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Behavioural observations of foraging minke whales (Balaenoptera acutorostrata) in the outer Moray Firth, north-east Scotland
Robinson, K.P.; Tetley, M.J. (2007). Behavioural observations of foraging minke whales (Balaenoptera acutorostrata) in the outer Moray Firth, north-east Scotland. J. Mar. Biol. Ass. U.K. Spec. Issue 87(1): 85-86.
In: Journal of the Marine Biological Association of the United Kingdom. Cambridge University Press/Marine Biological Association of the United Kingdom: Cambridge. ISSN 0025-3154, more
Peer reviewed article  

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  • Robinson, K.P.
  • Tetley, M.J.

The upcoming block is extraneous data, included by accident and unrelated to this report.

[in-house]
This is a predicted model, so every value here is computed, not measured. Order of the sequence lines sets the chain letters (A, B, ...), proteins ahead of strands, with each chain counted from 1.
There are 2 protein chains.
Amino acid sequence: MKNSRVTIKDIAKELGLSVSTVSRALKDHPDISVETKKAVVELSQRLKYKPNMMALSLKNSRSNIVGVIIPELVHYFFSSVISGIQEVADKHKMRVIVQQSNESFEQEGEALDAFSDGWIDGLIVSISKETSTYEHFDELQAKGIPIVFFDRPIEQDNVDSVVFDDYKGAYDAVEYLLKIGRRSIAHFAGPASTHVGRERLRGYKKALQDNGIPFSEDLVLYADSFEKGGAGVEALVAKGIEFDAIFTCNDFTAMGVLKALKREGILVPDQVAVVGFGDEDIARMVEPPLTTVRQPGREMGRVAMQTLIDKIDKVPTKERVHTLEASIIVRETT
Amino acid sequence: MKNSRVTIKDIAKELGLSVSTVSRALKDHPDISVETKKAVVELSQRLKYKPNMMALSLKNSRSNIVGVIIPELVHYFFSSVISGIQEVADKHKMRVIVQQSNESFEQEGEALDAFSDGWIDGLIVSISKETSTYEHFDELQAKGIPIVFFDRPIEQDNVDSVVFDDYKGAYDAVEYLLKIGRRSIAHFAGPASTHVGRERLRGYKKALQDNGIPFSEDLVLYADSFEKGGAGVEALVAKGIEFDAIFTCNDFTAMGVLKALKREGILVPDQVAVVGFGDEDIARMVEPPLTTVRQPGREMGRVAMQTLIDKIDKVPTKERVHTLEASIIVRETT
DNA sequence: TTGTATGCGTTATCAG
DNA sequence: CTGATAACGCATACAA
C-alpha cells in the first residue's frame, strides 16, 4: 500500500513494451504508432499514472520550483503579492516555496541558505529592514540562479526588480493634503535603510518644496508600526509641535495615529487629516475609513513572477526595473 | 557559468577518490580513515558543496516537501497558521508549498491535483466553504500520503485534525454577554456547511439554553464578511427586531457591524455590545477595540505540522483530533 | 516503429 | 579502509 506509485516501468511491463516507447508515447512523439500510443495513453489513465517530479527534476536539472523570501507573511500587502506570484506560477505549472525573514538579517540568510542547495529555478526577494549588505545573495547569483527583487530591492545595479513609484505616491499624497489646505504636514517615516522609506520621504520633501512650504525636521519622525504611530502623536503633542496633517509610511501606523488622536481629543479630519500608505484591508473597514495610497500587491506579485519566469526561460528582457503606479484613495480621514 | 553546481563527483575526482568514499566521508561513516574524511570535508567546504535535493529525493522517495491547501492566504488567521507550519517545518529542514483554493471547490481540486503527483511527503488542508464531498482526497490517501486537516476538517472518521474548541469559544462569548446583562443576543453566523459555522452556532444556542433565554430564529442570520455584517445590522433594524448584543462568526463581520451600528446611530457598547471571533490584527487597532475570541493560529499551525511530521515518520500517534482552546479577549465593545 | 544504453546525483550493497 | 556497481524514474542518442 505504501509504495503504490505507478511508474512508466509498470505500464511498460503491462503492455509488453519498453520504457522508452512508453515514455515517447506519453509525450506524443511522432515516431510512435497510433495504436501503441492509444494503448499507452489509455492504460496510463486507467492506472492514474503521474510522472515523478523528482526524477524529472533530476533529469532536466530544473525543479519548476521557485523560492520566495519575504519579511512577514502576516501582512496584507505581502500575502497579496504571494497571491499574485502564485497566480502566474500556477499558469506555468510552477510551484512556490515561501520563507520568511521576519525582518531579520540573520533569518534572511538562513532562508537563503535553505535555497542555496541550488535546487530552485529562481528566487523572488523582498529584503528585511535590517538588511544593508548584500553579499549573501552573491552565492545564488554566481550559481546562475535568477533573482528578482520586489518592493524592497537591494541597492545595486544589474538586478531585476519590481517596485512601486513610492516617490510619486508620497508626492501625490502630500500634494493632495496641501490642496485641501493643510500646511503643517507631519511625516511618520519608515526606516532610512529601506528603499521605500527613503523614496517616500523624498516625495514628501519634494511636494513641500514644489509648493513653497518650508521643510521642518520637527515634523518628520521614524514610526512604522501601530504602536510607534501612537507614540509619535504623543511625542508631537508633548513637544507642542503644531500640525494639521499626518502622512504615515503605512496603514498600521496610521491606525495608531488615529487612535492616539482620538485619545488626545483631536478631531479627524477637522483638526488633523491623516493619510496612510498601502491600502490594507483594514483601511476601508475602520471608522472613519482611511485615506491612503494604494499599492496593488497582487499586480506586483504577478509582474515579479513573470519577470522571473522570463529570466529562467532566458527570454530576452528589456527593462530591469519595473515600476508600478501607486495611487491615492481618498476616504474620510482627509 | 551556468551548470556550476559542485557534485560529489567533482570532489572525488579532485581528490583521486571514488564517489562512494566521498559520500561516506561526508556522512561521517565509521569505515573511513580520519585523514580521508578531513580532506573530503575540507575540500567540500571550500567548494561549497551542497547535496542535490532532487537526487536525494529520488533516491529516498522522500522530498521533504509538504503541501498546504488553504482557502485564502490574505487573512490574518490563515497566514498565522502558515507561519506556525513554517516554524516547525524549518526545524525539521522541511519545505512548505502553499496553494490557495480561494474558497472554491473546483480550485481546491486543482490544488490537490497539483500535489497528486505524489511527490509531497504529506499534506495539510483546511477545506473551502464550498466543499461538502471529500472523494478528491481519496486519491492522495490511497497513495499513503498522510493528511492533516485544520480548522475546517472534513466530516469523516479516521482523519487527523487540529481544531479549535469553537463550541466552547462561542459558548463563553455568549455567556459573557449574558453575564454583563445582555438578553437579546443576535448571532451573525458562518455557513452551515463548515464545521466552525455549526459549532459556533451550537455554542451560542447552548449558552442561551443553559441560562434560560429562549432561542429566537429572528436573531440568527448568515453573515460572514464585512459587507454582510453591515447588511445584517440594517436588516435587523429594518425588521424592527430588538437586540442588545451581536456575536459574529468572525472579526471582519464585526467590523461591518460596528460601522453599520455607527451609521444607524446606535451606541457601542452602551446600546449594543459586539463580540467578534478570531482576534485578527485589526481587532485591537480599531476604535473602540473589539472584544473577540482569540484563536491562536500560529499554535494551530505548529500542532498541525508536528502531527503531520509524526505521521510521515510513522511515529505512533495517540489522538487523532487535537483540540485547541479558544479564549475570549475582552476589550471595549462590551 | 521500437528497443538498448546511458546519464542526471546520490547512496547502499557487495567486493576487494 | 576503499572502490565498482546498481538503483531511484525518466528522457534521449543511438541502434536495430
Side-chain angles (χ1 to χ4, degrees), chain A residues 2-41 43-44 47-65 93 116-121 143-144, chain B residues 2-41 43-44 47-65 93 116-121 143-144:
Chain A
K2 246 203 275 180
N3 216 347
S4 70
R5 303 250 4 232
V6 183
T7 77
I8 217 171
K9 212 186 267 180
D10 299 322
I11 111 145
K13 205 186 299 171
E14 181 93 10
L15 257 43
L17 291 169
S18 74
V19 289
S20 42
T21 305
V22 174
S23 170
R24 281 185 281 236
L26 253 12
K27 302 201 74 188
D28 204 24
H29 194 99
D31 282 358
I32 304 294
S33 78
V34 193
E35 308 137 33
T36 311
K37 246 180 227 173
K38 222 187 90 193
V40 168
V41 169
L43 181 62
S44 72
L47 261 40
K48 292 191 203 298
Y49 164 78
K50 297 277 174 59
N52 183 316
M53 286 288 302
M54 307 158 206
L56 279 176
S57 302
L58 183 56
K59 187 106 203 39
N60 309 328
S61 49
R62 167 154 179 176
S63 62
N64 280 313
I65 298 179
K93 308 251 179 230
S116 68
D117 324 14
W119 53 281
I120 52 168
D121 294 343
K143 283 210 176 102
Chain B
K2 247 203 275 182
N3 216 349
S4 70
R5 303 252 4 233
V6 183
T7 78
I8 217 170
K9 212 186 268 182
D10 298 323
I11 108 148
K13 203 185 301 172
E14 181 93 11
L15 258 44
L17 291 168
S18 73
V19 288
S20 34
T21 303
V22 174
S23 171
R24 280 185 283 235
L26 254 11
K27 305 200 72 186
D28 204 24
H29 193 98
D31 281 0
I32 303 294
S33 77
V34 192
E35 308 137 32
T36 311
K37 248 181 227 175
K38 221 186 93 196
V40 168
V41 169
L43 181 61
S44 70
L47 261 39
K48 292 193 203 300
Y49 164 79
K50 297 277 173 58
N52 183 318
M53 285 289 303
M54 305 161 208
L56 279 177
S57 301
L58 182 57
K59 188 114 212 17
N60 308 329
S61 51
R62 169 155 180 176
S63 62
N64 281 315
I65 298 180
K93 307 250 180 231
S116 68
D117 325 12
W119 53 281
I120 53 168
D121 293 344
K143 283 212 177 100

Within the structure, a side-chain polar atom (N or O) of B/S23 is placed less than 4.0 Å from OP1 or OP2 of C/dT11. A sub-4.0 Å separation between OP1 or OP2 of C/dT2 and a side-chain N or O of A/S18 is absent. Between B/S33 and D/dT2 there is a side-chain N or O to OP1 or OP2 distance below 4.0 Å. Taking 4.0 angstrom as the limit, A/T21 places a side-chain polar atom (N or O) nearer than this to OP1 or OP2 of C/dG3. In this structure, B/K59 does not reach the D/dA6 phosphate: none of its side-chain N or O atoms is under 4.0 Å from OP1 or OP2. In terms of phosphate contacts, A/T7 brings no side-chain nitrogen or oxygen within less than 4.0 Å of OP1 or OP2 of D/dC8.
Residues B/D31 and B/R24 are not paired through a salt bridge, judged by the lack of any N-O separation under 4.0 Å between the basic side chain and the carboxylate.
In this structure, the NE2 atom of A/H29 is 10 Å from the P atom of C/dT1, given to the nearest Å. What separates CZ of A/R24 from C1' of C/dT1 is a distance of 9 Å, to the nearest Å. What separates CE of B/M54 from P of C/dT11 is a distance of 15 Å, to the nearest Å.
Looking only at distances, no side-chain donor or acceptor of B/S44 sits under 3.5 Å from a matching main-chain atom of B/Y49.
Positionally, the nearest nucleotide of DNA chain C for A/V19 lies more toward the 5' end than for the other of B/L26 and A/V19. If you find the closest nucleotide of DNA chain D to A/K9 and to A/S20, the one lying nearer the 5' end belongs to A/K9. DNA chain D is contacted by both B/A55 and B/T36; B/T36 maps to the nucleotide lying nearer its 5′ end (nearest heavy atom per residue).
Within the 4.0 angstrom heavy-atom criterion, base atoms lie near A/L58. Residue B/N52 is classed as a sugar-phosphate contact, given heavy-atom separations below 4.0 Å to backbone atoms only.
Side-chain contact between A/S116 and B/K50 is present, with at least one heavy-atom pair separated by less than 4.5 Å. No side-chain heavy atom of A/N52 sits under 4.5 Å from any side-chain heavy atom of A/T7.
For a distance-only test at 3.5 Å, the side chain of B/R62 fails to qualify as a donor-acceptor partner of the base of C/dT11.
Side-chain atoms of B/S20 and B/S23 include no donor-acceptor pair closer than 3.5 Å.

The minke whale (Balaenoptera acutorostrata) is a widespread, opportunistic species showing spatial and seasonal variations in diet according to local availability of prey. Although previous research has been conducted on the foraging strategies of this small rorqual whale, in terms of prey aggregation and assimilation, relatively little has been published on the foraging association of this species with coastal seabirds. Over the past five years, minke whales occurring along the outer coastline of the southern Moray Firth in north-east Scotland during the summer and autumn months have been recorded foraging in the presence of seabirds, such as kittiwakes (Rissa tridactyla), herring gulls (Larus argentatus), guillemots (Uria aalge) and shearwaters, which form dense feeding rafts at the water's surface. The formation of bird rafts notably occurs independently of the presence of B. acutorostrata, believed instead to be the successive result of prey concentrated at the surface by predatory schooling fish from below rather than by activities of the whales themselves. In this area of the North Sea, schooling mackerel (Scomber scombrus) constitute the most significant component of the summer fish biomass and are believed to perform the role of compacting targeted sandeel (Ammodytes spp.) prey into concentrated bait balls almost exclusively. The resulting ball of prey is consequently available to the foraging whale, which can be seen opportunistically utilizing successive bird rafts rather than expending unnecessary energy corralling the Ammodytes prey by traditional, active entrapment methods. The role of the mackerel in increasing both the rate and density of sandeel ball formation (as indicated by the presence and activity of associated bird rafts) is therefore thought to be very significant in this inshore Scottish location. Changes in oceanographic variables such as water temperature have been directly correlated with the migration of S. scombrus. The observed inter-annual variability in B. acutorostrata distribution in the outer Moray Firth may subsequently be related to the respective distribution and abundance of these migratory, pelagic fish species.

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